Yoors Family Partnership is located at 22 Charles St. New York, NY
    Not open to the public
    917-523-5132
    Kore@janyoors.com


    Screen Shot 2014-10-22 at 12.46.08 PM.png(Photo by Jason Sapan via)

    9. Holographic Studios Inc.

    Located in a former blacksmith's forge in the basement of a Gramercy building on 26th Street is NYC's only holography gallery and laser laboratory. Started in the sixties by Jason Sapan, Holographic Studios Inc. is home to the world's largest collection of motion image holograms. Sapan has also been commissioned to digitize more than a few celebrities. Bummed you could never get a real life selfie with Andy Warhol? Sapan's got the next best thing.

    Holographic Studios Inc. is located at 240 East 26th St, New York, NY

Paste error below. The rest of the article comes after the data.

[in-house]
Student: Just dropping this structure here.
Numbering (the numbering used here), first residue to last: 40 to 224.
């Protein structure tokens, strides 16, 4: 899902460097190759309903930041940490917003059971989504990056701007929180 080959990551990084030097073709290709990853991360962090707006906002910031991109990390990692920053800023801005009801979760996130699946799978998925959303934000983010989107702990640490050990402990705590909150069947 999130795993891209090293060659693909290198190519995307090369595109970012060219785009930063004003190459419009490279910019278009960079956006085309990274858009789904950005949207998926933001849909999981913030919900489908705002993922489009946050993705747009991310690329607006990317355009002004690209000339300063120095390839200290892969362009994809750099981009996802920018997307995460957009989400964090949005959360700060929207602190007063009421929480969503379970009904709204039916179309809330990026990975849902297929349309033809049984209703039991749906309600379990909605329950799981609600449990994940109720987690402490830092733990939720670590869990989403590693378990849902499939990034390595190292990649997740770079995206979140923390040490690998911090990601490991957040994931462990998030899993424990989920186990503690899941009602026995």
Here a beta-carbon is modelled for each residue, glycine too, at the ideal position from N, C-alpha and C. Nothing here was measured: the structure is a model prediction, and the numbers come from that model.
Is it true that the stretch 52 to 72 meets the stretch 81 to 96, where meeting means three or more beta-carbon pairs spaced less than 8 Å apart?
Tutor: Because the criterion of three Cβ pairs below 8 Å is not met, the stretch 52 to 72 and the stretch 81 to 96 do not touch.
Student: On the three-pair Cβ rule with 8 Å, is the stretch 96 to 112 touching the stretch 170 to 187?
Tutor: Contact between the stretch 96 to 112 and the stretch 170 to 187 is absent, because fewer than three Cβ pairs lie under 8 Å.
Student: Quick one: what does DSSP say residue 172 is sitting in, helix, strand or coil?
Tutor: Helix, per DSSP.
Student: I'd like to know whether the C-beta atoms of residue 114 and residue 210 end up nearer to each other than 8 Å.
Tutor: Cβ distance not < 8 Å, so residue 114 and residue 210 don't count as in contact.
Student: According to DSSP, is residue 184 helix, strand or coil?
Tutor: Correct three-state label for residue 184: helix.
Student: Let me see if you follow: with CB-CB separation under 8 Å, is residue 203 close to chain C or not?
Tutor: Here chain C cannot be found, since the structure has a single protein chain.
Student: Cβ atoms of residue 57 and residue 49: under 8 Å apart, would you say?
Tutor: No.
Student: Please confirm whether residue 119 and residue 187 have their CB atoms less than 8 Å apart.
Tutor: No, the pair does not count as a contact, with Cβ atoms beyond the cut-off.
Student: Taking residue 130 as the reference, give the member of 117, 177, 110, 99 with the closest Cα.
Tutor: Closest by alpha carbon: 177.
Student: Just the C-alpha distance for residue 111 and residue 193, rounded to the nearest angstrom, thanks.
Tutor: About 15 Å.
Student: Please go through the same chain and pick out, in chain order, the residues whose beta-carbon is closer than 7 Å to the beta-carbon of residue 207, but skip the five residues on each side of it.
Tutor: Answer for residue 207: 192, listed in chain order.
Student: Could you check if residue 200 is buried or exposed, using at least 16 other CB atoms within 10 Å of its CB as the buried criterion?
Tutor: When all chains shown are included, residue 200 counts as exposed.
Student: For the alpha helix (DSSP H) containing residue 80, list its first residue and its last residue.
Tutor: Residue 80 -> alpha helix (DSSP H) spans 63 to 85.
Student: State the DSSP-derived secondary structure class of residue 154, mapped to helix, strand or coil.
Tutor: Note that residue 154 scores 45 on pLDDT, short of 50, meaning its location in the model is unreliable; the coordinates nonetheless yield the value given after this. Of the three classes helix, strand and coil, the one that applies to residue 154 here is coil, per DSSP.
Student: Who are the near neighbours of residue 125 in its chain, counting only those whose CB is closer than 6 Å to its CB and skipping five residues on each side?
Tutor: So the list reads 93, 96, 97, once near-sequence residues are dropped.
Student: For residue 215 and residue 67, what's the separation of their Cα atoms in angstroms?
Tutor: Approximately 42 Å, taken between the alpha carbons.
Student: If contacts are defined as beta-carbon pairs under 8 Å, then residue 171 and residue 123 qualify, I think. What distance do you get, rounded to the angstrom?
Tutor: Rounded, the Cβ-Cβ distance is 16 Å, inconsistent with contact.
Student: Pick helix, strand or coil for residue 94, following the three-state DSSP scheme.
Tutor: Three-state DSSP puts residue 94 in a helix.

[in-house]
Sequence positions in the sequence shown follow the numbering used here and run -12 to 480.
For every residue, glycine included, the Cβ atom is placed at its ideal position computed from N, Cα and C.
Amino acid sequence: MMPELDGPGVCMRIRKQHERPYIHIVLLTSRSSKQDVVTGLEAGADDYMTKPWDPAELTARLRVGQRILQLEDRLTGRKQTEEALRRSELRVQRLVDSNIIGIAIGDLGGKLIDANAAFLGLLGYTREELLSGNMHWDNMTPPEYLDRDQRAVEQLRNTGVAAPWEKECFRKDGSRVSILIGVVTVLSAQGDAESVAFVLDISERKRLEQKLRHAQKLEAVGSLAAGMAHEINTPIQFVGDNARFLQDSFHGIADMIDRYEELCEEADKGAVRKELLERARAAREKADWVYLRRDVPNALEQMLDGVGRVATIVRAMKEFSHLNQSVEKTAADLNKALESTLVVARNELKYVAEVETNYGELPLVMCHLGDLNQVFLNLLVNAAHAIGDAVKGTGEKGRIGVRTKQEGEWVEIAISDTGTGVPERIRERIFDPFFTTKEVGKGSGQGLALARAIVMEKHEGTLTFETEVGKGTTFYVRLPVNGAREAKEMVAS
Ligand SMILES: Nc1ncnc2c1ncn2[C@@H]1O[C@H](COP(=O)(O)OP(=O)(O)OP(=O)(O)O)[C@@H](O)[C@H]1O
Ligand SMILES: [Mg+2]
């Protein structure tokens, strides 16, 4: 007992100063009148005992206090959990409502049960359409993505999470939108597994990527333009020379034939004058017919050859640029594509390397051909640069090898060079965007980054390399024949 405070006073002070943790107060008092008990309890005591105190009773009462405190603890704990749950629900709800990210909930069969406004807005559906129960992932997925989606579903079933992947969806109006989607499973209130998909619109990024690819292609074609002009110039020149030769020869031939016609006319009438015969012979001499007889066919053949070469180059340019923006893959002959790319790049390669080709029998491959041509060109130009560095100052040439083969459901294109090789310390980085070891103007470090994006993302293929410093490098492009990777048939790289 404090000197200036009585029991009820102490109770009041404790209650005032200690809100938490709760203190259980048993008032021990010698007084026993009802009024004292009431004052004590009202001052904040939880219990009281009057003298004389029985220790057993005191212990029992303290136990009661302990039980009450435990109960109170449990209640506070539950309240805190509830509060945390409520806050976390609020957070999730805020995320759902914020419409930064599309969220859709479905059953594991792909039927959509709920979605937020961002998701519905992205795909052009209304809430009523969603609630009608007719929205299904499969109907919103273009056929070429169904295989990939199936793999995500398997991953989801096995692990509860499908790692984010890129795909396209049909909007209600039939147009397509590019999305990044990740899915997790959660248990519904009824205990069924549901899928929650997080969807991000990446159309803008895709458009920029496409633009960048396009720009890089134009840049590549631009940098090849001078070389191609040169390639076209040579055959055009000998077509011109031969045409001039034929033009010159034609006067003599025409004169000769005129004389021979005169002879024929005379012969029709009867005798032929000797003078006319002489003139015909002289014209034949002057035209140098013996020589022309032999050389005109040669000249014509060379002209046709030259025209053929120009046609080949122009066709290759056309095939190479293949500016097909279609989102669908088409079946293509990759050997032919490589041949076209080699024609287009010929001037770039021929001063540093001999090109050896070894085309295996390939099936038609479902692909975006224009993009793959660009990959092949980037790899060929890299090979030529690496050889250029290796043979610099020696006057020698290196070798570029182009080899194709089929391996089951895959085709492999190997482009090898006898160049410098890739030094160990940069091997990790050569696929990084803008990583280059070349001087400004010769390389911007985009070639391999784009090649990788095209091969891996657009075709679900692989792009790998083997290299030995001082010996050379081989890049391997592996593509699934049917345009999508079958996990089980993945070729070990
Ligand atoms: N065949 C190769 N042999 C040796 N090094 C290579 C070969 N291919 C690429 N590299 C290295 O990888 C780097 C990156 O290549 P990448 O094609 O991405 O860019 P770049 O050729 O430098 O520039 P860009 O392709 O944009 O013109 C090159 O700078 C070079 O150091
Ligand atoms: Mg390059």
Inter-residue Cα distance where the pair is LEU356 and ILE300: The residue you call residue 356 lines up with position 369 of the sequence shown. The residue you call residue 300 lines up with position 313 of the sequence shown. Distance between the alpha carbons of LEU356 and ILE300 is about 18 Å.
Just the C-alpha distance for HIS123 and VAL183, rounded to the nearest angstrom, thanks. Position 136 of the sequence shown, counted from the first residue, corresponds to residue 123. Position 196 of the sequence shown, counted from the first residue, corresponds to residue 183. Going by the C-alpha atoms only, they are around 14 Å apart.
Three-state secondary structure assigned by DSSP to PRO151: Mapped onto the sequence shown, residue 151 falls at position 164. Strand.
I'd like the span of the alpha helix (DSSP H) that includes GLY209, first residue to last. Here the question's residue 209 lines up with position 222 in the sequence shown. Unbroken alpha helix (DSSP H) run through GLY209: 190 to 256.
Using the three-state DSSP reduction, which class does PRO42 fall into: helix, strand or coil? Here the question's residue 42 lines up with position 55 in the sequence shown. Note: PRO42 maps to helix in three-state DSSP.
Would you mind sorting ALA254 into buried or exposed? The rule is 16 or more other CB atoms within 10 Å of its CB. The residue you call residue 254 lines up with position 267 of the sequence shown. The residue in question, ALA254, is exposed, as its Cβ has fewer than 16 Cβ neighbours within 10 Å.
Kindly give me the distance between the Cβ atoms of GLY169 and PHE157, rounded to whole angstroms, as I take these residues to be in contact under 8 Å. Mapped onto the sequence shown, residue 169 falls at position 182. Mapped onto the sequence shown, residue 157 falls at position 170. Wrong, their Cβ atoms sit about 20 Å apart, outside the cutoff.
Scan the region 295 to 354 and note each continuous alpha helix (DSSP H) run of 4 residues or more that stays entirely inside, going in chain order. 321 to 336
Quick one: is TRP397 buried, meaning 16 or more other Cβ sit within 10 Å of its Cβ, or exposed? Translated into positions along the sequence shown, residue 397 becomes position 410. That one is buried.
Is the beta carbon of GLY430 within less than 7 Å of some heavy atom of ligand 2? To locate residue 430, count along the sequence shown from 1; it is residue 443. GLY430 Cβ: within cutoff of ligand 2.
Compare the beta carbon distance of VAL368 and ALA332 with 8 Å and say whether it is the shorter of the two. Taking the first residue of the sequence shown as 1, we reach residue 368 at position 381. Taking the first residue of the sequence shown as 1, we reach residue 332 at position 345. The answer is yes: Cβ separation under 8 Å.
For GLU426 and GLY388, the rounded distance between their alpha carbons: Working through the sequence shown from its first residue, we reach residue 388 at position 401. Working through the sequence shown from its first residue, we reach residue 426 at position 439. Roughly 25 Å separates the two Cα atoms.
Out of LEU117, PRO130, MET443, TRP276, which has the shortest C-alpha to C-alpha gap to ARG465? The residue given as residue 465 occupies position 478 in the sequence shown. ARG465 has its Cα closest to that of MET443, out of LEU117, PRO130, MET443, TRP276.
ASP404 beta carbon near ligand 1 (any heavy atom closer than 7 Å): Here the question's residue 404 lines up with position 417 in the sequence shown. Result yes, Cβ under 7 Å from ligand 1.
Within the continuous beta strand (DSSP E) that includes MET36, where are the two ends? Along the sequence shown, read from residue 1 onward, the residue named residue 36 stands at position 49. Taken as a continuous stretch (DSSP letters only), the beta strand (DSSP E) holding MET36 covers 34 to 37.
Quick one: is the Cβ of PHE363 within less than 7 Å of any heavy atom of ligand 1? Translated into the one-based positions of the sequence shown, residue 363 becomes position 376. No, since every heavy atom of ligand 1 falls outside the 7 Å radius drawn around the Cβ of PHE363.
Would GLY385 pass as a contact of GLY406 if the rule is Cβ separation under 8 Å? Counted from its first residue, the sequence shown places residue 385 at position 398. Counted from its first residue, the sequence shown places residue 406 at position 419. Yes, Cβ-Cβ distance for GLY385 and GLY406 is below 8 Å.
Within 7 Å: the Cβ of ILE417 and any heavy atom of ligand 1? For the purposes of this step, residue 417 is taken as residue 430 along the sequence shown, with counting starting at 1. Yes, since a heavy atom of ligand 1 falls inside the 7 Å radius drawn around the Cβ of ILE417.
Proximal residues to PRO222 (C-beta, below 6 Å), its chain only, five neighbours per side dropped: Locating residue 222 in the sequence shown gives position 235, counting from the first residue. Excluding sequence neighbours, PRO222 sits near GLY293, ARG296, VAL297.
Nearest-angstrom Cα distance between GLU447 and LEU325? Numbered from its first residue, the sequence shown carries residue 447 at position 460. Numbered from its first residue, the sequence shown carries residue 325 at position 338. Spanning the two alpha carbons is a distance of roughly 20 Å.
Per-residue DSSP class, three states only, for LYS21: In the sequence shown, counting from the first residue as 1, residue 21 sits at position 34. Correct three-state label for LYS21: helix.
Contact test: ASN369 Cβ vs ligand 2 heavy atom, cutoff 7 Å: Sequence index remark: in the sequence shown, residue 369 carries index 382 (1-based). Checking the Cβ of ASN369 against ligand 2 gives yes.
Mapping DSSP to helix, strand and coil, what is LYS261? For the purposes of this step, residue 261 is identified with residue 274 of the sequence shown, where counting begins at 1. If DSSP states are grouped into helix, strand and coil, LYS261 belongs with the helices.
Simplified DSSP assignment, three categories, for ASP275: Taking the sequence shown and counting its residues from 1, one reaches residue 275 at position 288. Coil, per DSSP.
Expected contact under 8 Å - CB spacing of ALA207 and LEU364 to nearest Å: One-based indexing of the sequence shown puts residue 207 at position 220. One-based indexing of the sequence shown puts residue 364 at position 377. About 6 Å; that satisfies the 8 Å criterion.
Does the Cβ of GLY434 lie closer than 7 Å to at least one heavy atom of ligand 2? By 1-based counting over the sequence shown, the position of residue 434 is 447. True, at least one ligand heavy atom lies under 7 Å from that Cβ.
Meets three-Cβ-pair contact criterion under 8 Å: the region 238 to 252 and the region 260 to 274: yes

Admission is free
    Open Monday - Friday, 2 pm - 6 pm
    212-686-9397
    drlaser@holographer.com


    Screen Shot 2014-10-22 at 12.48.21 PM.png(Photo via)

    10. Museum of the American Gangster

    A place for those who never quite got over the end of The Sopranos, this two-room gangster memorial is located in the East Village above a former speakeasy. Though St. Mark's might not seem like the most logical of locations, that neighborhood was once a hotspot for wise guys like Al Capone, Lucky Luciano, and John Gotti. The Museum of the American Gangster boasts an impressive collection of mobster memorabilia, including bullets from the Saint Valentine's Day massacre and John Dillinger's death mask. If you ask nicely enough, they might even take you down into the basement's escape tunnels and show you the safe still hidden there.

    The Museum of the American Gangster is located at 78 St Marks Pl, New York, NY
    Open every day 1-6pm, except Sunday 10am-2pm, and closed Wednesday
    Admission is $10, Tours are $15
    212-228-5736